Are Electronics Being Recycled?
Dec 07 2017
Another upgrade on your mobile phone? Included in your contract? You’d be a fool not to take advantage… but there’s just one thing. Where does the old model go? While phones themselves might actually be comparatively easy to recycle, they represent the merest tip of the iceberg.
According to the United Nations University's Global E-Waste Monitor, we’re projected to produce in excess of 50 million tonnes of e-waste globally next year, including everything from washing machines and desktop computers to jingly-jangly trinkets and flashing doohickeys. But where does it all go?
Over the seas and far away
At present, roughly 45% of all electrical goods sold in the UK are recycled, with the rest going to landfill. But where does this recycling take place? According to the most recent figures available, Ghana processes more than half of all UK e-waste, totalling almost 18,000 tonnes of the stuff in 2011.
Other likely destinations for our unwanted electronics include China, India and Nigeria, with 80% of all of our recycled e-waste being dispatched overseas – and not always legally. Indeed, the illegal e-waste trade has become so rampant that mountains of discarded phones, Fitbits and other electronic gadgetry are all but a commonplace sight in many south east Asian cities.
Fortunately, we do seem to be (slowly) waking up to the profligacy of our e-waste habits. Just as the growing market for continuous monitoring emissions systems (CEMS) indicates an increased awareness of air pollution in developing countries, the e-waste elephant in the room is getting more attention.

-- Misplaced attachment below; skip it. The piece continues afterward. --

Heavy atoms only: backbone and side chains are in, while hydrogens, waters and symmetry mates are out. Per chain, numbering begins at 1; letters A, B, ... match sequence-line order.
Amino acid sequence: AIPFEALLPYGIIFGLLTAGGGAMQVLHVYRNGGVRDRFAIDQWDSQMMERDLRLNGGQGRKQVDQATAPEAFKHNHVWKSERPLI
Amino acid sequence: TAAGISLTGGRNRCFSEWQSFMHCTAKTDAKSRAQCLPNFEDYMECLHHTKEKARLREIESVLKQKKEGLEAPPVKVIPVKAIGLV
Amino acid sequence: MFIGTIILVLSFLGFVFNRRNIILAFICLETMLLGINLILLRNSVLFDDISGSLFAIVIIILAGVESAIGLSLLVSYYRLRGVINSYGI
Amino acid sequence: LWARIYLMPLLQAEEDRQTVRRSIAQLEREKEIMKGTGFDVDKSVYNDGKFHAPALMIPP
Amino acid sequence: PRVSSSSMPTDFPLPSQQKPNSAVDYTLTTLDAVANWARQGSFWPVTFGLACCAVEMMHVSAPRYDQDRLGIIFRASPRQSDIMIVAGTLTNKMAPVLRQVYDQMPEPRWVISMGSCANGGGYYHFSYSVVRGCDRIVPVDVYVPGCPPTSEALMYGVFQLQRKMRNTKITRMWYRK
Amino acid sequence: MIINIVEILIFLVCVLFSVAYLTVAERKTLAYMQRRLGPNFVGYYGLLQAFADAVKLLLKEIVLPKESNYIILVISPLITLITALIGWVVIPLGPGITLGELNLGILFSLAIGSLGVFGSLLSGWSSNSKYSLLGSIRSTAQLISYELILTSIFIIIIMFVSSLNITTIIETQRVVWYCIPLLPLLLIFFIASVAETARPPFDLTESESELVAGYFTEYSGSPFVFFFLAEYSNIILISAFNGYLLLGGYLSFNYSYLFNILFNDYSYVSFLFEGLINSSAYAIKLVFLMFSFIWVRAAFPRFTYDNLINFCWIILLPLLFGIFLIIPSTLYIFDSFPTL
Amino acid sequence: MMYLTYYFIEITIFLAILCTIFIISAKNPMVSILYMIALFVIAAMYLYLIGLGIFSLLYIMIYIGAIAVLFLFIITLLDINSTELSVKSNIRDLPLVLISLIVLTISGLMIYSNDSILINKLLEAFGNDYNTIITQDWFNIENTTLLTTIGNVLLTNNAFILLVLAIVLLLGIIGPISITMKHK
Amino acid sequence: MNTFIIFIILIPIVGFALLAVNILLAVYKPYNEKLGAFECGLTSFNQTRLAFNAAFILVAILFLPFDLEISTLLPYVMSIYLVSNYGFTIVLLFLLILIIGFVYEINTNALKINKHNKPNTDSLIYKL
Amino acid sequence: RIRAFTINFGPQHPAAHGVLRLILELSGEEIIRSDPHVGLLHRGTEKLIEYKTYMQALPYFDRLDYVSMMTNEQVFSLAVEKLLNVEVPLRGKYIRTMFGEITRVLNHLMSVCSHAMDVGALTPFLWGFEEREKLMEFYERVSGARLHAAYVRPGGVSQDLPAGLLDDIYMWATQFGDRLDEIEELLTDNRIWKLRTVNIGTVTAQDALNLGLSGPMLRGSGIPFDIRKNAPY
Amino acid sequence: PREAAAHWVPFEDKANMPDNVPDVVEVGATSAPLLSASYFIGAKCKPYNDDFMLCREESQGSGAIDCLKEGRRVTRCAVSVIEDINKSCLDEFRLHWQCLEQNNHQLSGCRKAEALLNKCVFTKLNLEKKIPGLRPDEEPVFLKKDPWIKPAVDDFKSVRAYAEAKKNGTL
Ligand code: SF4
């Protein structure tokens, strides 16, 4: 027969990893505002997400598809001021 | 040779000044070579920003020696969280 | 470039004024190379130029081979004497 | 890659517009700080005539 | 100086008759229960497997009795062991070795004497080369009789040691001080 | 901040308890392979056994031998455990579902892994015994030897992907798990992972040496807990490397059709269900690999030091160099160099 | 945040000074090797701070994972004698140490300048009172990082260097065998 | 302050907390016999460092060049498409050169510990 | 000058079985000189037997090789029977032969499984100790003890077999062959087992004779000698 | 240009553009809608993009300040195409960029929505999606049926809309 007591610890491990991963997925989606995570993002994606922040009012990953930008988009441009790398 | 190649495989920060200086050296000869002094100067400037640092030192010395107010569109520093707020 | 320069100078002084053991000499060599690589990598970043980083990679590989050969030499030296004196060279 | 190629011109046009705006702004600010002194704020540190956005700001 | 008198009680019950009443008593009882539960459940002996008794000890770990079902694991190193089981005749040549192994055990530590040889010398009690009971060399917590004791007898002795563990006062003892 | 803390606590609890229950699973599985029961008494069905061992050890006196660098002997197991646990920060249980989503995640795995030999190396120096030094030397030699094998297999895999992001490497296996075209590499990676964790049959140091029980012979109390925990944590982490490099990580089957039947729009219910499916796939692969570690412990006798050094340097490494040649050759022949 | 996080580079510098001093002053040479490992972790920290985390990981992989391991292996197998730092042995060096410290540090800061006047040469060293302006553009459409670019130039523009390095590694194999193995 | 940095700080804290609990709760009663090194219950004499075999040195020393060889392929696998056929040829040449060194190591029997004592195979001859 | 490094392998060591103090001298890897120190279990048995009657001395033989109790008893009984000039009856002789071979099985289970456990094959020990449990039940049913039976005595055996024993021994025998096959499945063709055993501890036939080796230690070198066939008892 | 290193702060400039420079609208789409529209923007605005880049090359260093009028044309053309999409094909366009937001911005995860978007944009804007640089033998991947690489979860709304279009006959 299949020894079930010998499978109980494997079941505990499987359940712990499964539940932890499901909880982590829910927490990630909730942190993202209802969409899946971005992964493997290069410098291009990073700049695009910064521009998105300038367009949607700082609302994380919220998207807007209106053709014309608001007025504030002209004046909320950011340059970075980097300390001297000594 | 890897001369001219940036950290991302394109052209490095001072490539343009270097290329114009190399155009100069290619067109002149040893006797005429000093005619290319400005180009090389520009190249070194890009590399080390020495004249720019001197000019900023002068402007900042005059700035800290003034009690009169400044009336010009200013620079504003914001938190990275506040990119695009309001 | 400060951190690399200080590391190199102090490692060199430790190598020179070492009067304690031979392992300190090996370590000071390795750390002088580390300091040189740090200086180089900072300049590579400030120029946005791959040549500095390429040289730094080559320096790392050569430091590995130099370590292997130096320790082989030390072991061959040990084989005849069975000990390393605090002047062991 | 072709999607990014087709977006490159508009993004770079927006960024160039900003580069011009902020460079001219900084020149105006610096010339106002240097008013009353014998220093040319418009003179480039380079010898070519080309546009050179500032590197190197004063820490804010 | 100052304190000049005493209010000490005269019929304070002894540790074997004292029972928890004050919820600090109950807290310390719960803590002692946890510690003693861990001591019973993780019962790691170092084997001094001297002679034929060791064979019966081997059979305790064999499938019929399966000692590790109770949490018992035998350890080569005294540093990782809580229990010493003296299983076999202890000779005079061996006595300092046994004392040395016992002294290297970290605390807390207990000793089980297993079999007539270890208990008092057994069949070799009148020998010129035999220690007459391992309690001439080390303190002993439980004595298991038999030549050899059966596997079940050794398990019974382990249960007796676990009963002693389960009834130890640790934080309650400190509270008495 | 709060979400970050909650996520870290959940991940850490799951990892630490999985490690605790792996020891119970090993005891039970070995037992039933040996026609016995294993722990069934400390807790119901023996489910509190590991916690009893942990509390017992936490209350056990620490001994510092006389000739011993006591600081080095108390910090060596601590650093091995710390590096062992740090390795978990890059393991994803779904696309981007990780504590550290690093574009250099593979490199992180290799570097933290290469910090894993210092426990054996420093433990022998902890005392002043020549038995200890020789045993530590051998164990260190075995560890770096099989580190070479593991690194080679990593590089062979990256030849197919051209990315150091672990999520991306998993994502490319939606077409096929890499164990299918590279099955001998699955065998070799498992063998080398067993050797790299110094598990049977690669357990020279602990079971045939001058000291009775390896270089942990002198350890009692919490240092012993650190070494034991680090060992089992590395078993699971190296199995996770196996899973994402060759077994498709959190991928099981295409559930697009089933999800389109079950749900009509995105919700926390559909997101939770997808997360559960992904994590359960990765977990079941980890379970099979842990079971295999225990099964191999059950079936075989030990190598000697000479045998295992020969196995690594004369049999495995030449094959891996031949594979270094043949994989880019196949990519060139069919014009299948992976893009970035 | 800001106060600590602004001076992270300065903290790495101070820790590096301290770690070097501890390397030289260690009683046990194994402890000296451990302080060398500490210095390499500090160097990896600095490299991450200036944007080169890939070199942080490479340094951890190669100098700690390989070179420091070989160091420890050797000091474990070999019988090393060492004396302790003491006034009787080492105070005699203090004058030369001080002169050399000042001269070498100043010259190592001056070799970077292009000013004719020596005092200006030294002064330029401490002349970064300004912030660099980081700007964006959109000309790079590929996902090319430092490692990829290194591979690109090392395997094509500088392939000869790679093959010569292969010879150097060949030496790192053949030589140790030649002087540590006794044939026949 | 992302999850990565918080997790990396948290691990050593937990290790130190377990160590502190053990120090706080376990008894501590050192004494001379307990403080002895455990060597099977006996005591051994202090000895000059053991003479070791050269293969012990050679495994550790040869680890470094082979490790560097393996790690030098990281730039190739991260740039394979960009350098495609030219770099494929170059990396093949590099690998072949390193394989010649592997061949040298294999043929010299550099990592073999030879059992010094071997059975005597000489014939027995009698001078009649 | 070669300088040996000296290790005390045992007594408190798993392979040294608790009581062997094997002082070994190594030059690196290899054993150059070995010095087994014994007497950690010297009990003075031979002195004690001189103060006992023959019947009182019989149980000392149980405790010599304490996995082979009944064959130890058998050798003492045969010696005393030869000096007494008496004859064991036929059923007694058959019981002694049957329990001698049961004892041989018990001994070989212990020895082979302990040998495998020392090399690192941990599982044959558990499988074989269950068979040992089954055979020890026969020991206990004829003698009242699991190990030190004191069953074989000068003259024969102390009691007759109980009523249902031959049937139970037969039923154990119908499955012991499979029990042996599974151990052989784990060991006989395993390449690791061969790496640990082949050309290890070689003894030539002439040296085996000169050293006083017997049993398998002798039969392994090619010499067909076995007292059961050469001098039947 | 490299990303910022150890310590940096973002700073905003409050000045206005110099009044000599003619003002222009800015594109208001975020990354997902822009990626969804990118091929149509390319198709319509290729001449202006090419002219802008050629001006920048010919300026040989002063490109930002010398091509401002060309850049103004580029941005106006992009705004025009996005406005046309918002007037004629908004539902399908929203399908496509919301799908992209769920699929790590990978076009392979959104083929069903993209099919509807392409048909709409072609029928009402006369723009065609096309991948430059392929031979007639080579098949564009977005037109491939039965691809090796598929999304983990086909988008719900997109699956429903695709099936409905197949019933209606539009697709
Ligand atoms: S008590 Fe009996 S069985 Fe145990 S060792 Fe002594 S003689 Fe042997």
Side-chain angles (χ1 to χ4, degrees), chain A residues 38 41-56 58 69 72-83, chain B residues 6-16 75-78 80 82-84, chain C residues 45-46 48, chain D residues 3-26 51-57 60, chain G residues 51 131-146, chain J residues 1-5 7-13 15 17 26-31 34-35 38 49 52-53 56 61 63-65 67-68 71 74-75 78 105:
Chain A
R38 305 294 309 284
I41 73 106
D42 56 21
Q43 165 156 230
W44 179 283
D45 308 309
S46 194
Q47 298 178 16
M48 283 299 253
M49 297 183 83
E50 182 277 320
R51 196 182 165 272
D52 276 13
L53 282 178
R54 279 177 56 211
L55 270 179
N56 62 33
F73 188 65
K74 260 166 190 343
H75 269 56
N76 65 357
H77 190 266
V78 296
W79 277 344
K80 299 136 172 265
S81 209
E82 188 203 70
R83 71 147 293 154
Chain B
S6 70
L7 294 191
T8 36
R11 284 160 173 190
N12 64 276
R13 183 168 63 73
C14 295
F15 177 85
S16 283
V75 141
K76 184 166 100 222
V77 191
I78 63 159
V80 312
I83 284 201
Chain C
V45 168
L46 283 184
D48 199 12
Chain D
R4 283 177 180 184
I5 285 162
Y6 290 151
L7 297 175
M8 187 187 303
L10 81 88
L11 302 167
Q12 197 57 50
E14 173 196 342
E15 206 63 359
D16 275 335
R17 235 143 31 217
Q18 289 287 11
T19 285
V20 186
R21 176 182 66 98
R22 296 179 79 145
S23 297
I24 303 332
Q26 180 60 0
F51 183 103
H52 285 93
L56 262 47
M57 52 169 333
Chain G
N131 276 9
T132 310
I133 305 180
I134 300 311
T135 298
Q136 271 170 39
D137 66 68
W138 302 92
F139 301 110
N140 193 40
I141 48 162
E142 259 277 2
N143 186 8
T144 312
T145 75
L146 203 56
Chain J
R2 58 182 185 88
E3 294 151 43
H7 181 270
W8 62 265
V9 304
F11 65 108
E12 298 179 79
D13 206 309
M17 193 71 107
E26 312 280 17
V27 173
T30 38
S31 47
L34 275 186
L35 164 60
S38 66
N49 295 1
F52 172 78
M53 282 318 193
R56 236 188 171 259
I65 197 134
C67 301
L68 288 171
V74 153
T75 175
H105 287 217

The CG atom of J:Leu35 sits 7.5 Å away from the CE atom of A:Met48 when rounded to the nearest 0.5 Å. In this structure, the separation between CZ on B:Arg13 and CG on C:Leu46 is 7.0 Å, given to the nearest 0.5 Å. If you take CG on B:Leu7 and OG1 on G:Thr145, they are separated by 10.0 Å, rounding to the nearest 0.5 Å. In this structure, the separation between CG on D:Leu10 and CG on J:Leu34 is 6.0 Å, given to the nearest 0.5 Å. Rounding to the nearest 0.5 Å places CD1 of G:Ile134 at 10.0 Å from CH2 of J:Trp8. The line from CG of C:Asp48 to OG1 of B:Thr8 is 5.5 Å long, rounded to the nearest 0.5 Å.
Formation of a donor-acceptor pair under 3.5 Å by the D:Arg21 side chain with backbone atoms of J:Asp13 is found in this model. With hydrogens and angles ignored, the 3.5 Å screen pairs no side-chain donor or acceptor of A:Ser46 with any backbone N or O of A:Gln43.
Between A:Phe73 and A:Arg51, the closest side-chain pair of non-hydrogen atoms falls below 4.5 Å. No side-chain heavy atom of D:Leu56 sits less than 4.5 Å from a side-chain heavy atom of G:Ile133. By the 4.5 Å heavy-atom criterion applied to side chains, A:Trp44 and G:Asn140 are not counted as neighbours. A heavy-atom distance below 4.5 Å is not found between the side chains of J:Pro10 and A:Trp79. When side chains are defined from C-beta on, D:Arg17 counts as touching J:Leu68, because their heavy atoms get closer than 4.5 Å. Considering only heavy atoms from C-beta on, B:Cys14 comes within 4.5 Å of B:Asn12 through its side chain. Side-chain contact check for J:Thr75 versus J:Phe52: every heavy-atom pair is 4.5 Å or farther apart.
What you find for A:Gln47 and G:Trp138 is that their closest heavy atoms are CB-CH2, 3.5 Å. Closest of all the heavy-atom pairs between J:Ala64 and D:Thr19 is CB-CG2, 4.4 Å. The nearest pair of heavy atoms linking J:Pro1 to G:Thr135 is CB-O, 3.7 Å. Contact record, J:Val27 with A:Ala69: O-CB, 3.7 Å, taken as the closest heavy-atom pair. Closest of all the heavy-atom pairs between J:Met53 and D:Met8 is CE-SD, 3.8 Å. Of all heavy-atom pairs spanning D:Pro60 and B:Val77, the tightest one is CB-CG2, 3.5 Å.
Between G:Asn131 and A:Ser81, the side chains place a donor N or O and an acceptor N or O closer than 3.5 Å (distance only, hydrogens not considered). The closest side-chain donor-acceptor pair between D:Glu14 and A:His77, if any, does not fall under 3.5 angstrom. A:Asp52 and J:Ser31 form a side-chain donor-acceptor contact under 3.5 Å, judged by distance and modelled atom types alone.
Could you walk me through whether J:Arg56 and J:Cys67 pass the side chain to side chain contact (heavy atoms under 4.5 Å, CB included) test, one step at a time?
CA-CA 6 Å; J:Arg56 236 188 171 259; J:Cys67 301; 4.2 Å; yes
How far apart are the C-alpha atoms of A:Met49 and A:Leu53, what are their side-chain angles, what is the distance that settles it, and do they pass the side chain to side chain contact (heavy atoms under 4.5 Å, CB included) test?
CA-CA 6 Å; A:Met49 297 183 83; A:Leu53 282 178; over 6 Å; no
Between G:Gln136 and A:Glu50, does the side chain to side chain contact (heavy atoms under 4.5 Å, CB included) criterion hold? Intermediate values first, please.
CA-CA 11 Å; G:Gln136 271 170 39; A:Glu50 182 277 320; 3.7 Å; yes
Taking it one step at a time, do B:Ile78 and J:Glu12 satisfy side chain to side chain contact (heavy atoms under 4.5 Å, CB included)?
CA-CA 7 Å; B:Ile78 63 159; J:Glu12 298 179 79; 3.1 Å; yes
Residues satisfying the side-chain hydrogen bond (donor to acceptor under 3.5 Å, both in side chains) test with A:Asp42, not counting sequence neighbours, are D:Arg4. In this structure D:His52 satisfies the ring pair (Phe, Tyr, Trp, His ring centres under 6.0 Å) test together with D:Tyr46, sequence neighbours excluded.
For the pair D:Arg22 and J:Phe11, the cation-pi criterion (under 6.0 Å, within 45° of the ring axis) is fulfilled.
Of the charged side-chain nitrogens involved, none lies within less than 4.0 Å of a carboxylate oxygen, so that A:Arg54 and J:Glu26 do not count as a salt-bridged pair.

For example, China recently tweaked their laws to include circuit boards in the category of hazardous waste, which put an end to the importation of much e-waste into the country and actually bankrupted a variety of Chinese processors of the materials.
However, the benefits of law changes of these kinds are dubious at best; while China may have cleared up its act, the waste itself has simply gone to another stronghold in another part of the world. Meanwhile, those in charge of recycling it are exposed to the harmful metals inside (including arsenic, cadmium, lead and mercury), while its processing increases the risk of contaminating air, water and soil.
A collective effort
As far back as 2008, international bodies like the Environmental Protection Agency (EPA) were being blamed for the lack of control on e-waste. While their negligence is certainly part of the problem, much of it lies within our own consume-and-discard culture.
Rather than eagerly gobbling up the next incarnation of the iPhone or Android or whatever shiny gizmo catches our eye next, it would be far kinder on Mother Earth to simply make do with our existing gadgetry for as long as possible. Recycling wherever possible goes without saying (often, this falls under the obligation of the seller of the new item, as well), while hoarding e-waste until recycling technology has caught up with itself could be one viable approach to the issue.
Stockpiling old appliances in your attic might not be the best solution, but it will save airmiles, encourage you to economise better and avoid your beloved Nokia ending up on the top of an electronic graveyard cairn, miles from home. With the UK hoping to recycle 85% of e-waste by 2020, an upturn in options could be right around the corner, too.
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